The members of the inter- and transdisciplinary funding priority »Sustainable Development of Urban Regions« publish their research results in various types of publication, that are appropriate for the respective research and implementation.


The members of the inter- and transdisciplinary funding priority »Sustainable Development of Urban Regions« publish their research results in various types of publication, that are appropriate for the respective research and implementation. In addition, the funding priority itself issues different formats of publication in which the international researchers of SURE publish their results.

A chronologically ordered selection of SURE related publications can be found here. If you are interested in a comprehensive list, please visit the individual websites of the SURE collaborative projects!

Spatiotemporal Analysis of Land Surface Temperature in Response to Land Use and Land Cover Changes: A Remote Sensing Approach

Rapid urbanisation in the global south has often introduced substantial and rapid uncontrolled
Land Use and Land Cover (LULC) changes, considerably affecting the Land Surface
Temperature (LST) patterns. Understanding the relationship between LULC changes and LST is
essential to mitigate such effects, considering the urban heat island (UHI). This study aims to elucidate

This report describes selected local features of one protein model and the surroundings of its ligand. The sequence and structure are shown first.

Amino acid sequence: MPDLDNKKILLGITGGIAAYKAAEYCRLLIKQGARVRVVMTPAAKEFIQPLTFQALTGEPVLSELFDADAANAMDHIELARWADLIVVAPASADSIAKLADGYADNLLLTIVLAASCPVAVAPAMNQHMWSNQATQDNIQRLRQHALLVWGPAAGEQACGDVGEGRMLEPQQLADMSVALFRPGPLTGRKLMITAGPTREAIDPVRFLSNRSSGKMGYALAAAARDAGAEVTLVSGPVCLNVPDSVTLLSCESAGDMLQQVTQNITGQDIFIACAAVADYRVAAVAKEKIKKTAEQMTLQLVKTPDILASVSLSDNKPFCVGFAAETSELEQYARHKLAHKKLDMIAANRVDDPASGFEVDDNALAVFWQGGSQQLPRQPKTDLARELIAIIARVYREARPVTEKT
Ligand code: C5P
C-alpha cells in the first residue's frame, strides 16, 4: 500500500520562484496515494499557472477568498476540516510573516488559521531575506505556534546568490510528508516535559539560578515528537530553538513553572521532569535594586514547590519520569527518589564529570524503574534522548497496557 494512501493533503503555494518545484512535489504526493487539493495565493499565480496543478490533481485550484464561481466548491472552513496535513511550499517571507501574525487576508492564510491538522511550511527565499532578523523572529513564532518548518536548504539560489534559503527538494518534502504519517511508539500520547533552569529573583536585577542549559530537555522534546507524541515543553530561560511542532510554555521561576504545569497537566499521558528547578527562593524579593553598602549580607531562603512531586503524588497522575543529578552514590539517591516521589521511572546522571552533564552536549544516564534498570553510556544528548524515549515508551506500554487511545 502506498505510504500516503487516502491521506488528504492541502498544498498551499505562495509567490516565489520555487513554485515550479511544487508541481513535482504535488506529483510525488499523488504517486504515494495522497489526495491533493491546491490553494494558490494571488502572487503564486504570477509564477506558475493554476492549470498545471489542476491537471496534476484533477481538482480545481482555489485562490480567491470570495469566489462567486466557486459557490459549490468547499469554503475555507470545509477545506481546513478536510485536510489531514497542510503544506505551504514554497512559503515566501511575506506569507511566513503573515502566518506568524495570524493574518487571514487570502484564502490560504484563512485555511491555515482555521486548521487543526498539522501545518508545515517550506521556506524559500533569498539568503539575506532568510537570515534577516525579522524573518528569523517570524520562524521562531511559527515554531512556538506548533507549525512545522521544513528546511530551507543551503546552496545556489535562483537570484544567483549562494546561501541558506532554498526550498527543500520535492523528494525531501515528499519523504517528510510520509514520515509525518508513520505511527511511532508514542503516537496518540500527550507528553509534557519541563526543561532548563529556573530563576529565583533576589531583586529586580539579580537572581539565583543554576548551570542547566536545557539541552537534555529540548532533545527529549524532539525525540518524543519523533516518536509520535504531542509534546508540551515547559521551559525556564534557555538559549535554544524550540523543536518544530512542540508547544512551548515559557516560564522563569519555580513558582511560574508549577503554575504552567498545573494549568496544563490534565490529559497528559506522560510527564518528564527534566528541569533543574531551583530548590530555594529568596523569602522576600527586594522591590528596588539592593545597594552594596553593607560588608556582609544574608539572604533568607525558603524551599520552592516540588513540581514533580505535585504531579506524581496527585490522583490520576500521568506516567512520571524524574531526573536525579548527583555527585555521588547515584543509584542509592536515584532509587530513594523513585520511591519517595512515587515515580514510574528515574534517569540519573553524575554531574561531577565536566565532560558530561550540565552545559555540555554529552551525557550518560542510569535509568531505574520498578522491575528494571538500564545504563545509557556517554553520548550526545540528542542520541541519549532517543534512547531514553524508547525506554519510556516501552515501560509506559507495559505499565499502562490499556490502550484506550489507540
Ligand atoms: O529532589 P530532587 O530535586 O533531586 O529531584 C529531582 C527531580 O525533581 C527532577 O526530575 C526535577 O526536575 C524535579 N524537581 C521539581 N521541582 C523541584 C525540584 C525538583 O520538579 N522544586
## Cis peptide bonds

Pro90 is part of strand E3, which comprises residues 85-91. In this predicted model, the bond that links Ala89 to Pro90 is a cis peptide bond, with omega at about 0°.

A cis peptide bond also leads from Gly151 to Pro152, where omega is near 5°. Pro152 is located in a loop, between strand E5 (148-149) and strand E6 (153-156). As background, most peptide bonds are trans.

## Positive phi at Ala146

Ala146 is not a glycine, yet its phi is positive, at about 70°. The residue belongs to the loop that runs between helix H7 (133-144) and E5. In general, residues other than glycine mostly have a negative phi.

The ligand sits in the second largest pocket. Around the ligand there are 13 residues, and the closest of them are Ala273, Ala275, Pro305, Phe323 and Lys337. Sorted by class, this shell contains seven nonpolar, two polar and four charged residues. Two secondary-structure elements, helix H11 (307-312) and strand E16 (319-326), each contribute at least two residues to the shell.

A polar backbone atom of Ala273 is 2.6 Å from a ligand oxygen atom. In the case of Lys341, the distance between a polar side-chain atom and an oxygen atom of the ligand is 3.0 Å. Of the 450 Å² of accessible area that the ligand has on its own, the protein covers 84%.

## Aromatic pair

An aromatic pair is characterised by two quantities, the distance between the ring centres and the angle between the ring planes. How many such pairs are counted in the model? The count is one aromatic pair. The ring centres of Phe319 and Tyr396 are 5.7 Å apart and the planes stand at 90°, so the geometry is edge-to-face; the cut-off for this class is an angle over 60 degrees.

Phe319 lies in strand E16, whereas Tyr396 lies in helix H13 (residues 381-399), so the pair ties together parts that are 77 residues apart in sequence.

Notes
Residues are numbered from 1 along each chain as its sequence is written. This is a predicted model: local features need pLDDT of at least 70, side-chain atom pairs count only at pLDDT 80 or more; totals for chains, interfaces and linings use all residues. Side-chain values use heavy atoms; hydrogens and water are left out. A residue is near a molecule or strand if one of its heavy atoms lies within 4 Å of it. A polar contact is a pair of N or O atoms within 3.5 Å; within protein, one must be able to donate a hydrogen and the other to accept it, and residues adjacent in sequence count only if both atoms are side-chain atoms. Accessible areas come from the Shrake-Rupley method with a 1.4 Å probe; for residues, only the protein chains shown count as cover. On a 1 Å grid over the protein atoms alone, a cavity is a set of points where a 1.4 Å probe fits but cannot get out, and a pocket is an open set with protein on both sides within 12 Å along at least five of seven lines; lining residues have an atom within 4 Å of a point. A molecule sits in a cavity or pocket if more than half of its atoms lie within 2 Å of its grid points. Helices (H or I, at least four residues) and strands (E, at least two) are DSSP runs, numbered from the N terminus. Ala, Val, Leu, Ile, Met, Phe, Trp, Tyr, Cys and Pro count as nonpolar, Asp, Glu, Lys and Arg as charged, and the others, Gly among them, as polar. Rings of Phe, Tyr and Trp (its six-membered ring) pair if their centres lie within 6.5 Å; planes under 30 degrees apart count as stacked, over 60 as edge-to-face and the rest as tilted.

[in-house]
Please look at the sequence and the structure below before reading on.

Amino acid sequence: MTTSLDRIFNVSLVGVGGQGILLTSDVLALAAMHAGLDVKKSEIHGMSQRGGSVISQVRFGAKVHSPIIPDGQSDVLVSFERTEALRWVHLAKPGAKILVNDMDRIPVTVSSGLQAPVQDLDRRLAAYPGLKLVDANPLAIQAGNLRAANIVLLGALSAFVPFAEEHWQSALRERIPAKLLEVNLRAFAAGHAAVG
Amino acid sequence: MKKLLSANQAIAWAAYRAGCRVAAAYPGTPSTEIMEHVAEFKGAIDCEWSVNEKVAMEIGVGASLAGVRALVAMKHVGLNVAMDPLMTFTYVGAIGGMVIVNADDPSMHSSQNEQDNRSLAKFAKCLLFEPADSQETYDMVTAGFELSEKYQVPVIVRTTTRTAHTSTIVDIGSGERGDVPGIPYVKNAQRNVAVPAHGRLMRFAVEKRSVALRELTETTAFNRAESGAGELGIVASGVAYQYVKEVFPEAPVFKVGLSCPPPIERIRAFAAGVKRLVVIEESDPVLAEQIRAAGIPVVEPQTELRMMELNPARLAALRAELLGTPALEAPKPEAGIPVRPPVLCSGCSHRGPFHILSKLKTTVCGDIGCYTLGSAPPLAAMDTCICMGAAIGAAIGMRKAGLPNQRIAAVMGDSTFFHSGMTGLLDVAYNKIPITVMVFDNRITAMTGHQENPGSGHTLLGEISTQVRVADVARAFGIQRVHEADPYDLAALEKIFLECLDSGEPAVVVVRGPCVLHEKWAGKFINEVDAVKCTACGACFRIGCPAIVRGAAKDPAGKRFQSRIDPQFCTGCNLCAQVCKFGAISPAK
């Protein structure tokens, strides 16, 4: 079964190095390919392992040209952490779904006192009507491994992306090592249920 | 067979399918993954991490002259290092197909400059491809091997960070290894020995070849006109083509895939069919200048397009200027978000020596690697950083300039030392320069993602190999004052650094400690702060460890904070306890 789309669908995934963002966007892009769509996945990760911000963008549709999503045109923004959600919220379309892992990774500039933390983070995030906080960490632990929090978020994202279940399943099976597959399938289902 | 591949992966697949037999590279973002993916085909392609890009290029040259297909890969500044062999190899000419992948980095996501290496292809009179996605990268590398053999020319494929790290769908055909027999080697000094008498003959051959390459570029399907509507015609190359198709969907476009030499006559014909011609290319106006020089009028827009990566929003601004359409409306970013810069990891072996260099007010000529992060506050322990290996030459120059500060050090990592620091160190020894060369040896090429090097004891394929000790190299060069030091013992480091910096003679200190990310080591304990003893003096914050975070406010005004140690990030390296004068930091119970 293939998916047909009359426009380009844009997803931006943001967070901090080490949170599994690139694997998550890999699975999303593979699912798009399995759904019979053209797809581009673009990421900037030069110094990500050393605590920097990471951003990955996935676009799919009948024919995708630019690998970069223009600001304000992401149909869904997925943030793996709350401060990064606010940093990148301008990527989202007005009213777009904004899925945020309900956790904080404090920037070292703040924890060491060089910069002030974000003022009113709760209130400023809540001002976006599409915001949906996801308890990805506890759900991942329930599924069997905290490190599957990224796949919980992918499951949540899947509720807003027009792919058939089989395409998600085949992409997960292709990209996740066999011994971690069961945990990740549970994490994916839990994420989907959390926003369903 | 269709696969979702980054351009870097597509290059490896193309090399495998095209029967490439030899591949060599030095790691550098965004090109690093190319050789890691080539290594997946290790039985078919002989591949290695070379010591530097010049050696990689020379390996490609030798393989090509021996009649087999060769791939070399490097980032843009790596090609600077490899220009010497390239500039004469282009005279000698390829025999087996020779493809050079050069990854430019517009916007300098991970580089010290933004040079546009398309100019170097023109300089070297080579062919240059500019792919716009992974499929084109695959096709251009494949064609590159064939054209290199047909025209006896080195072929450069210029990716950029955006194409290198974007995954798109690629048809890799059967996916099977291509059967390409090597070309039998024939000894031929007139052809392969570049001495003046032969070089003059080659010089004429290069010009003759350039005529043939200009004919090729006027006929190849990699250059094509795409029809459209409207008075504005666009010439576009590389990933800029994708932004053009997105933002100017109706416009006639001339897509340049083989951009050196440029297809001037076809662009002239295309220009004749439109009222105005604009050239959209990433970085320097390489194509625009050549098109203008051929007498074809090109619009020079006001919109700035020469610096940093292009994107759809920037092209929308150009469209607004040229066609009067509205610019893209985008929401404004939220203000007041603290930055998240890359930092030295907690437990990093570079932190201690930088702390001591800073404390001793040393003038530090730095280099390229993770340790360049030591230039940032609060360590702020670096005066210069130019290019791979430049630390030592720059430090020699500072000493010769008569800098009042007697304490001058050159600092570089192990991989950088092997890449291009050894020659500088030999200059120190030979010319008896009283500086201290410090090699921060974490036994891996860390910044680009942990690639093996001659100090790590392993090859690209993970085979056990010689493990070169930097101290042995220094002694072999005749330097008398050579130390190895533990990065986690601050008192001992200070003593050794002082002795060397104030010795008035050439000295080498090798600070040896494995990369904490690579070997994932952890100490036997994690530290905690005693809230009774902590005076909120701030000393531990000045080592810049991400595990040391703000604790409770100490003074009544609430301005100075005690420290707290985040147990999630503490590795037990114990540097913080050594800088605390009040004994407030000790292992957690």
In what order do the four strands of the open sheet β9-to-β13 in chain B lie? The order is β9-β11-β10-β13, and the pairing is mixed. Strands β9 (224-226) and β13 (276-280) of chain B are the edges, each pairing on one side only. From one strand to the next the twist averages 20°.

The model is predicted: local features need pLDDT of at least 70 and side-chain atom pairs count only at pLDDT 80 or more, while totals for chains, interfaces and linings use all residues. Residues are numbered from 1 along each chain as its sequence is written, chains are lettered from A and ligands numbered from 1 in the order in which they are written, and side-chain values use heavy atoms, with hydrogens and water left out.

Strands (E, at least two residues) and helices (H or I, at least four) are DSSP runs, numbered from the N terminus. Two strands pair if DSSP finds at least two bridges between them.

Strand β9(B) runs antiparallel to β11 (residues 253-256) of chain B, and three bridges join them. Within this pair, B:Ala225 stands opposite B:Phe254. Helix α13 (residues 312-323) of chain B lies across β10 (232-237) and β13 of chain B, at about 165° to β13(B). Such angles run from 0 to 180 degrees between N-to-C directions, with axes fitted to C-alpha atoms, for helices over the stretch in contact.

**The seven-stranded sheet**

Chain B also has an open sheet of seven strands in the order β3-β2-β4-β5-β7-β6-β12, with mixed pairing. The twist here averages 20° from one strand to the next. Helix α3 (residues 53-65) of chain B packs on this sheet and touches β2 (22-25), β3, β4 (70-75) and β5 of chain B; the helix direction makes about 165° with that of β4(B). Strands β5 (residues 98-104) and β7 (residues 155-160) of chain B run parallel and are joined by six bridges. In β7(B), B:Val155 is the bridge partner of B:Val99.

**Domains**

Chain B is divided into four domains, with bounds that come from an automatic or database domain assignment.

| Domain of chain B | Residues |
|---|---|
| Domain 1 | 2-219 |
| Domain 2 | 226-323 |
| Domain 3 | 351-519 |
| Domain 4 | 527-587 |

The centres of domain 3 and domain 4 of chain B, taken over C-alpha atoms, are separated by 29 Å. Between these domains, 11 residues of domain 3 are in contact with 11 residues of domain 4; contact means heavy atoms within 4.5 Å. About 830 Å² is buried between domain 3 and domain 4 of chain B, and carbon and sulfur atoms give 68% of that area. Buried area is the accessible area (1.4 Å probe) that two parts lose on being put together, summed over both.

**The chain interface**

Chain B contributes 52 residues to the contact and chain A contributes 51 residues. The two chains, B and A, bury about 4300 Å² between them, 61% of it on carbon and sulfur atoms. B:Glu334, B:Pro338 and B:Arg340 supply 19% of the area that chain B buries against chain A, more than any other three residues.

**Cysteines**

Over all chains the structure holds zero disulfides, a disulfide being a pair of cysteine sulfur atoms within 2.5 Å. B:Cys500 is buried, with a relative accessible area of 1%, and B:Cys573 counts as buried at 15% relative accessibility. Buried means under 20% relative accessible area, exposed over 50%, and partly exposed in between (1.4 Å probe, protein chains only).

the spatiotemporal variations and alterations of LST in urban areas compared to LULC changes.
The study focused on a peripheral urban area of Phnom Penh (Cambodia) undergoing rapid urban
development. Using Landsat images from 2000 to 2021, the analysis employed an exploratory
time-series analysis of LST. The study revealed a noticeable variability in LST (20 to 69 ◦C), which
was predominantly influenced by seasonal variability and LULC changes. The study also provided
insights into how LST varies within different LULC at the exact spatial locations. These changes
in LST did not manifest uniformly but displayed site-specific responses to LULC changes. This
study accounts for changing land surfaces’ complex physical energy interaction over time. The
methodology offers a replicable model for other similarly structured, rapidly urbanised regions
utilising novel semi-automatic processing of LST from Landsat images, potentially inspiring future
research in various urban planning and monitoring contexts.

Urban transition interventions in the Global South: Creating empowering environments in disempowering contexts?

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Changing power relations and the empowerment of frontrunners are considered crucial preconditions for sustainability transitions. This paper looks into the empowerment of actors in the context of a transition intervention in the Global South. We argue that empowerment is of particular importance in contexts of the Global South or those with illiberal characteristics.